Sen. Jim DeMint (R-SC) sealed his status as the right’s standard-bearer when he brought the Senate to a virtual halt this week by threatening to hold all legislation unless it had been preapproved by his office. Though DeMint insisted that this unprecedented move was simply an effort to allow his office to read and consider pending legislation, the senator made his true intentions clear on the “Focal Point” radio program: preventing the government from functioning.
Speaking with host Bryan Fischer, DeMint argued that “this idea that government has to do something is not a good idea.” He then went on to insist that “the less we do, the better”:
FISCHER: Do you think some kind of gridlock is possible and what do you think will happen if that ensues?
DEMINT: Well I had a group of businessmen tell me the other day “if you can just stop the tax increases on us and then have two years of gridlock, that would be the best thing that could happen for business because at least we would know what to expect.” Right now they don’t know what the government is going to do to them next. So this idea that government has to do something is not a good idea. So I think the less we do, the better except maybe to dismantle some of the federal programs that are making it harder for America to be competitive.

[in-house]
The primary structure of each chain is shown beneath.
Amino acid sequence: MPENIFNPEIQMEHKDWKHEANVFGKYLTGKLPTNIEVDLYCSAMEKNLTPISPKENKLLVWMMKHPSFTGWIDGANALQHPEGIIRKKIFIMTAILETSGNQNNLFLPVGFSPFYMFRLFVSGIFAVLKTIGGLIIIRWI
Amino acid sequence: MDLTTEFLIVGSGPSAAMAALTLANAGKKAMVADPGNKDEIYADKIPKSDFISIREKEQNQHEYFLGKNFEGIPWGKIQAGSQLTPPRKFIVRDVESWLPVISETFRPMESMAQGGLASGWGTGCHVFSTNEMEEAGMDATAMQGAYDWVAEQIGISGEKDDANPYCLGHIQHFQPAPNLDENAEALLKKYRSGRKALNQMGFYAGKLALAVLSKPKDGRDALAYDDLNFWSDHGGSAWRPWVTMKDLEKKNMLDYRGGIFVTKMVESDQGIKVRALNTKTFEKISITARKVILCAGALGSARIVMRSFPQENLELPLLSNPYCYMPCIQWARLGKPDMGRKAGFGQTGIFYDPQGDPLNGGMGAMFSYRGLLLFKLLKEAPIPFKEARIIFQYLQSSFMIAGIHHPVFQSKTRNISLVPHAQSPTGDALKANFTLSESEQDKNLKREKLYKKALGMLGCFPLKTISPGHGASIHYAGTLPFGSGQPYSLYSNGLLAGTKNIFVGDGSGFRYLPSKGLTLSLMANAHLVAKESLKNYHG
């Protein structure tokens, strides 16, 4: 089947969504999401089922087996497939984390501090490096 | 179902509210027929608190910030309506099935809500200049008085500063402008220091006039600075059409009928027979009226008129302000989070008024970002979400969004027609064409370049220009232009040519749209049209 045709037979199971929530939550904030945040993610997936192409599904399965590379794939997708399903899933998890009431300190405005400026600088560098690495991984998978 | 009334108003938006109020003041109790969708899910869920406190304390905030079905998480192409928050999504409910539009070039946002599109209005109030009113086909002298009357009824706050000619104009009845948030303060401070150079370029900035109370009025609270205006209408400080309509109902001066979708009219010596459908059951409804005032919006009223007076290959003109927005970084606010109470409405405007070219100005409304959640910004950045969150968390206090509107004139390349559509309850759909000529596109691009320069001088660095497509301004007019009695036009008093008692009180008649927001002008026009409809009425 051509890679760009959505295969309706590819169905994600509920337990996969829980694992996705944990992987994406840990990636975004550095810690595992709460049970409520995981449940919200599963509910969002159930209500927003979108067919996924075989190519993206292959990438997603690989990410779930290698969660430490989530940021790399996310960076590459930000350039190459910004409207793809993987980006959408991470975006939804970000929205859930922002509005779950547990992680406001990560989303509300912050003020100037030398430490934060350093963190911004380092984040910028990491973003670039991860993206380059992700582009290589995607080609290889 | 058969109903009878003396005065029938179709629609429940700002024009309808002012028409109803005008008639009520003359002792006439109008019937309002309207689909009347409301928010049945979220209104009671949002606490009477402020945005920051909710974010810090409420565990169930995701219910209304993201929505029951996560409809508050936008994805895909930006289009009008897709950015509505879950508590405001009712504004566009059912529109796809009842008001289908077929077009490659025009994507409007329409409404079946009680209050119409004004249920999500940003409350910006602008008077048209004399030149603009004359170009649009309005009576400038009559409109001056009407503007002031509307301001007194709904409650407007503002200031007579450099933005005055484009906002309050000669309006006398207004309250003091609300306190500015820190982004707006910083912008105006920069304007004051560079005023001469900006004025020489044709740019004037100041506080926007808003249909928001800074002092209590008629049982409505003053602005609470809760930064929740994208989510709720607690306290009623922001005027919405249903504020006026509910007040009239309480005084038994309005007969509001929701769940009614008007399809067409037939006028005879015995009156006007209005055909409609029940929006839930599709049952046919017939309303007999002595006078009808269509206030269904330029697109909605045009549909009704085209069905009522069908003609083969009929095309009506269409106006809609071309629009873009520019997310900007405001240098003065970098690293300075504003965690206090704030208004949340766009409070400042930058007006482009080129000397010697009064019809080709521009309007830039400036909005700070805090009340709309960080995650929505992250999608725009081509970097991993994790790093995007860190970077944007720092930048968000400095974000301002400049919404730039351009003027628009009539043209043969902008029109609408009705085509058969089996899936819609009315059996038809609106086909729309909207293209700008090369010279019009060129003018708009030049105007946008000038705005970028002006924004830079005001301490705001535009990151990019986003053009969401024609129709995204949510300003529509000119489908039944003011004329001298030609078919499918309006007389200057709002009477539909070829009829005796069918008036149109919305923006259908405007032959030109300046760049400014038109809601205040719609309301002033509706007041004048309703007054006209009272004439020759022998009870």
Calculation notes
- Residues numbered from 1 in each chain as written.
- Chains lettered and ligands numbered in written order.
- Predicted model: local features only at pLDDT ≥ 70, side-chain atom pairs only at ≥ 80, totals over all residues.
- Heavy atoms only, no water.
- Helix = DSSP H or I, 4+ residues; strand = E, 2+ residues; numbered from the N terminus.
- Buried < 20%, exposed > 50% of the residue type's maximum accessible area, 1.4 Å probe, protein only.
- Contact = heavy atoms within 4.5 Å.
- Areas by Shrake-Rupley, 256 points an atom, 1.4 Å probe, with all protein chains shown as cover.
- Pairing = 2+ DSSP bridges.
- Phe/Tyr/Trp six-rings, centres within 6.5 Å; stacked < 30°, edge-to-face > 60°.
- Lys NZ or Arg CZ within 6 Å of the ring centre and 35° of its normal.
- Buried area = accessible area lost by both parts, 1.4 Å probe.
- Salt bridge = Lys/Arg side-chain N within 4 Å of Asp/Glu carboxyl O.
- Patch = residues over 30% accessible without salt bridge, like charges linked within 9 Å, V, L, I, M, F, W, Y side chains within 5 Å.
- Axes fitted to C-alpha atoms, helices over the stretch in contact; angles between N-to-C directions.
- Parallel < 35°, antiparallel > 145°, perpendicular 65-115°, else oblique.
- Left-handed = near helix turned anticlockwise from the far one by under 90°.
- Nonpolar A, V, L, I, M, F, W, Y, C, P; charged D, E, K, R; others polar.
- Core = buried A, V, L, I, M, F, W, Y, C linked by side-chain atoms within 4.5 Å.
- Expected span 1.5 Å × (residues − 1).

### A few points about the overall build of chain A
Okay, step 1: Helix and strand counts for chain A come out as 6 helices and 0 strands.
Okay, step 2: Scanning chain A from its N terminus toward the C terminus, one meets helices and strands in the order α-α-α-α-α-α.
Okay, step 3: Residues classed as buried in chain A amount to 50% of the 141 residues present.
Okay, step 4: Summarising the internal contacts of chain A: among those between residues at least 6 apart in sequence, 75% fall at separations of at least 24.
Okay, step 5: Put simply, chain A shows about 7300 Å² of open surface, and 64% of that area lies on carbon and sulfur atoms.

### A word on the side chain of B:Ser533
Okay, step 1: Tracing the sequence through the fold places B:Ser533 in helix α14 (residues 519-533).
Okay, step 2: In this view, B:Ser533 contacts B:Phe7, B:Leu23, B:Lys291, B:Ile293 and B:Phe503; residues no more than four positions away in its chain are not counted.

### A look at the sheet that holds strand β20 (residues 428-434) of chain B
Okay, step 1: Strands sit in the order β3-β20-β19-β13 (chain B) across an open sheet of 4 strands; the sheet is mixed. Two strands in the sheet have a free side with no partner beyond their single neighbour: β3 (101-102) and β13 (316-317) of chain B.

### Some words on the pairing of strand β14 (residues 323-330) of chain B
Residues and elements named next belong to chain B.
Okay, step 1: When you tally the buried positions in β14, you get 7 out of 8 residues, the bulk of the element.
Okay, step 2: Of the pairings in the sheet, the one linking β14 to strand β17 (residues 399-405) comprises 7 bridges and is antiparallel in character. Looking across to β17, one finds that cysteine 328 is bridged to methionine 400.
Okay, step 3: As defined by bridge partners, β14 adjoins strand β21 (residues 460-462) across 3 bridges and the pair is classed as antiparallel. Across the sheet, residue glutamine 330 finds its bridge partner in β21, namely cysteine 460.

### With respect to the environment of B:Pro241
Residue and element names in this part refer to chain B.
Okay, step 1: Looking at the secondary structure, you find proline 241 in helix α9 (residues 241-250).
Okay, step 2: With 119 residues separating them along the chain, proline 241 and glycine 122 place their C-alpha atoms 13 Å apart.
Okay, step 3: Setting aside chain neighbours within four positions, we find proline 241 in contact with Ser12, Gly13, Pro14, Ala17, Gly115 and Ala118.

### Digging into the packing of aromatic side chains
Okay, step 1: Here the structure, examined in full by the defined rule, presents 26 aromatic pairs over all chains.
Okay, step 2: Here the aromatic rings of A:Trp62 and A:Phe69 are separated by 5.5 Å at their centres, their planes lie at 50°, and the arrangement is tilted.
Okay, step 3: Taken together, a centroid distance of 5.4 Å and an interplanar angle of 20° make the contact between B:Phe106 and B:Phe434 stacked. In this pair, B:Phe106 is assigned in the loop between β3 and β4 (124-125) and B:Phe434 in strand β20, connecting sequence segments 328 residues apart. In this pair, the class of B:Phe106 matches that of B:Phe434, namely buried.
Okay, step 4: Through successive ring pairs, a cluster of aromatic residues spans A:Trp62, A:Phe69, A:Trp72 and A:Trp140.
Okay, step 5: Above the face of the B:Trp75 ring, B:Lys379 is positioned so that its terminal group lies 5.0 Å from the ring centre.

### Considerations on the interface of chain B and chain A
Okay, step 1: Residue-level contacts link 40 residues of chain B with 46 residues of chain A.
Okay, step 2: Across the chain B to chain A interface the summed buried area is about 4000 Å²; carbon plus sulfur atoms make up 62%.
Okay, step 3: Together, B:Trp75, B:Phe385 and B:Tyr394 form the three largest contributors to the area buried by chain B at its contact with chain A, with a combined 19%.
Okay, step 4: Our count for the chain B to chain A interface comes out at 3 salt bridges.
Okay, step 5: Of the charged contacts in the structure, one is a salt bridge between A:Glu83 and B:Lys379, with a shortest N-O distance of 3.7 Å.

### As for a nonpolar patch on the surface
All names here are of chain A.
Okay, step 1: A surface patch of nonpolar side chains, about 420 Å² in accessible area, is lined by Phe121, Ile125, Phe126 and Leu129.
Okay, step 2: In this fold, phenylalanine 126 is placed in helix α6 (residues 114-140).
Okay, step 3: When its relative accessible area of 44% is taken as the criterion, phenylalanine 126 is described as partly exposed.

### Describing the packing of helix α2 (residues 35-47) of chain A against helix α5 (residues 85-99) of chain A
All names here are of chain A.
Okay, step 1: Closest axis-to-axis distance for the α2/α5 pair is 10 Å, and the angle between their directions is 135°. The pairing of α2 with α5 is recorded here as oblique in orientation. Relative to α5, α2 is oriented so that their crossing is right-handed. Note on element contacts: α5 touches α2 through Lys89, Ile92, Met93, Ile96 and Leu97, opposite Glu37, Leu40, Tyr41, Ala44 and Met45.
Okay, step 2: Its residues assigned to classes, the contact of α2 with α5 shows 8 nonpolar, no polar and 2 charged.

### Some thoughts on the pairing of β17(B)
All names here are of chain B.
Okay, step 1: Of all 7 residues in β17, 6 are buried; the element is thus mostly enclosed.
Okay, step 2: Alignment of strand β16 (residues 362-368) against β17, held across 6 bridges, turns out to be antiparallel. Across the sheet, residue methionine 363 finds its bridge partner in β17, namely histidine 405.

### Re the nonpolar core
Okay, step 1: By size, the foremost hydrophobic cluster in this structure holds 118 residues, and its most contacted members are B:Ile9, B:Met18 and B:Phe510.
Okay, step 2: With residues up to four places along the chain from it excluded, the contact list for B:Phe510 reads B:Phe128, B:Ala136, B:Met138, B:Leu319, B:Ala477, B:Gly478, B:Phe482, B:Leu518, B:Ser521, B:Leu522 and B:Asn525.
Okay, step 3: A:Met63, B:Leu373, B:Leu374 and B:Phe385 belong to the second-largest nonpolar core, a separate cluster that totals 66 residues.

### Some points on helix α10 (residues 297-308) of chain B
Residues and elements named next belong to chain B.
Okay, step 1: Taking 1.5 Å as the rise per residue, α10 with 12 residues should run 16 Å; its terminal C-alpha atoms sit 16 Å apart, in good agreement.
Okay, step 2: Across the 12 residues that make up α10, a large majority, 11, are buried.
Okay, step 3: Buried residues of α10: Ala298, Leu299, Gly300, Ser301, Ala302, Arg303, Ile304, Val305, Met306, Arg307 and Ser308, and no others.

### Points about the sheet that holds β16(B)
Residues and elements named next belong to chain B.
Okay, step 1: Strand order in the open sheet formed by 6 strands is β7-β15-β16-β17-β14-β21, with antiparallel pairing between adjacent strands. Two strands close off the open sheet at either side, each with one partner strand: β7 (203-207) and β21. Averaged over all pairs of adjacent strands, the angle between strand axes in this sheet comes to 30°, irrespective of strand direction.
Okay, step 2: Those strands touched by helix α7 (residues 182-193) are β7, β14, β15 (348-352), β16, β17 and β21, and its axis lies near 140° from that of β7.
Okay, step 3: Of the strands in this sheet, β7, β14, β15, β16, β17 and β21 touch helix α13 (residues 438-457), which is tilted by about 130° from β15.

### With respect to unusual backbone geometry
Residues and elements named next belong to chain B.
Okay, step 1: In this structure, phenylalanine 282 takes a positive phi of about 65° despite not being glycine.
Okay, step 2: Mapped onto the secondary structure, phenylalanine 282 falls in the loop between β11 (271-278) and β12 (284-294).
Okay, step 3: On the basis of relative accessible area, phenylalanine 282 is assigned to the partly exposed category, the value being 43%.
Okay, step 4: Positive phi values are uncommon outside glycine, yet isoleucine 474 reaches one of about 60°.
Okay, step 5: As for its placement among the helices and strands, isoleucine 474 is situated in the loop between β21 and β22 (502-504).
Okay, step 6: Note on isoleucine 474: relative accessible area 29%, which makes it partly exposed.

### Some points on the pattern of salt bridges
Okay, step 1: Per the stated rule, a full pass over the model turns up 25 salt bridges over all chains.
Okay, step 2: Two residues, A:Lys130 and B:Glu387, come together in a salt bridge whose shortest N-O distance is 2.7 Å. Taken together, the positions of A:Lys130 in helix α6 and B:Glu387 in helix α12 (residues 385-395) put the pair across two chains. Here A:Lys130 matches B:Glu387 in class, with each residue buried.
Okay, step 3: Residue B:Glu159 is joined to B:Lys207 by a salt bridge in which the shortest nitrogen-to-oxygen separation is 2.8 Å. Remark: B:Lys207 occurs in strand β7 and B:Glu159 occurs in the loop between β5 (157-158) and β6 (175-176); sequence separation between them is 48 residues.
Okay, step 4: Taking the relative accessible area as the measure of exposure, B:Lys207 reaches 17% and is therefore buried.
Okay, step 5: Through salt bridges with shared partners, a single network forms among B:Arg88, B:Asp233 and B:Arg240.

In a recent interview, DeMint said, “I’ve been told by businesses that if we would stop the tax increases the best thing that could happen for business after that is complete gridlock.” DeMint’s comments echo similar statements from Reps. Lynn Westmoreland (R-GA) and Steve King (R-IA), who have called for a government shutdown beginning next year.
ThinkProgress also caught up with DeMint this week to ask him about Republican obstructionism in the Senate. He conceded that although “over 90% of the bills” in the Senate receive unanimous agreement, we still ought to stop passing legislation:
DEMINT: The problem is not secret holds, it’s secretly passing bills without reading them, without debating them, and without voting on them. Over 90% of the bills that come through the Senate are never voted on, never debated, they pass by unanimous consent. I’ve never heard one person across America want more bills to pass more quickly.
The idea that Americans benefit when government reneges its responsibilities is a total fantasy, one that America has learned all too well in the past.
(HT: Right Wing Watch)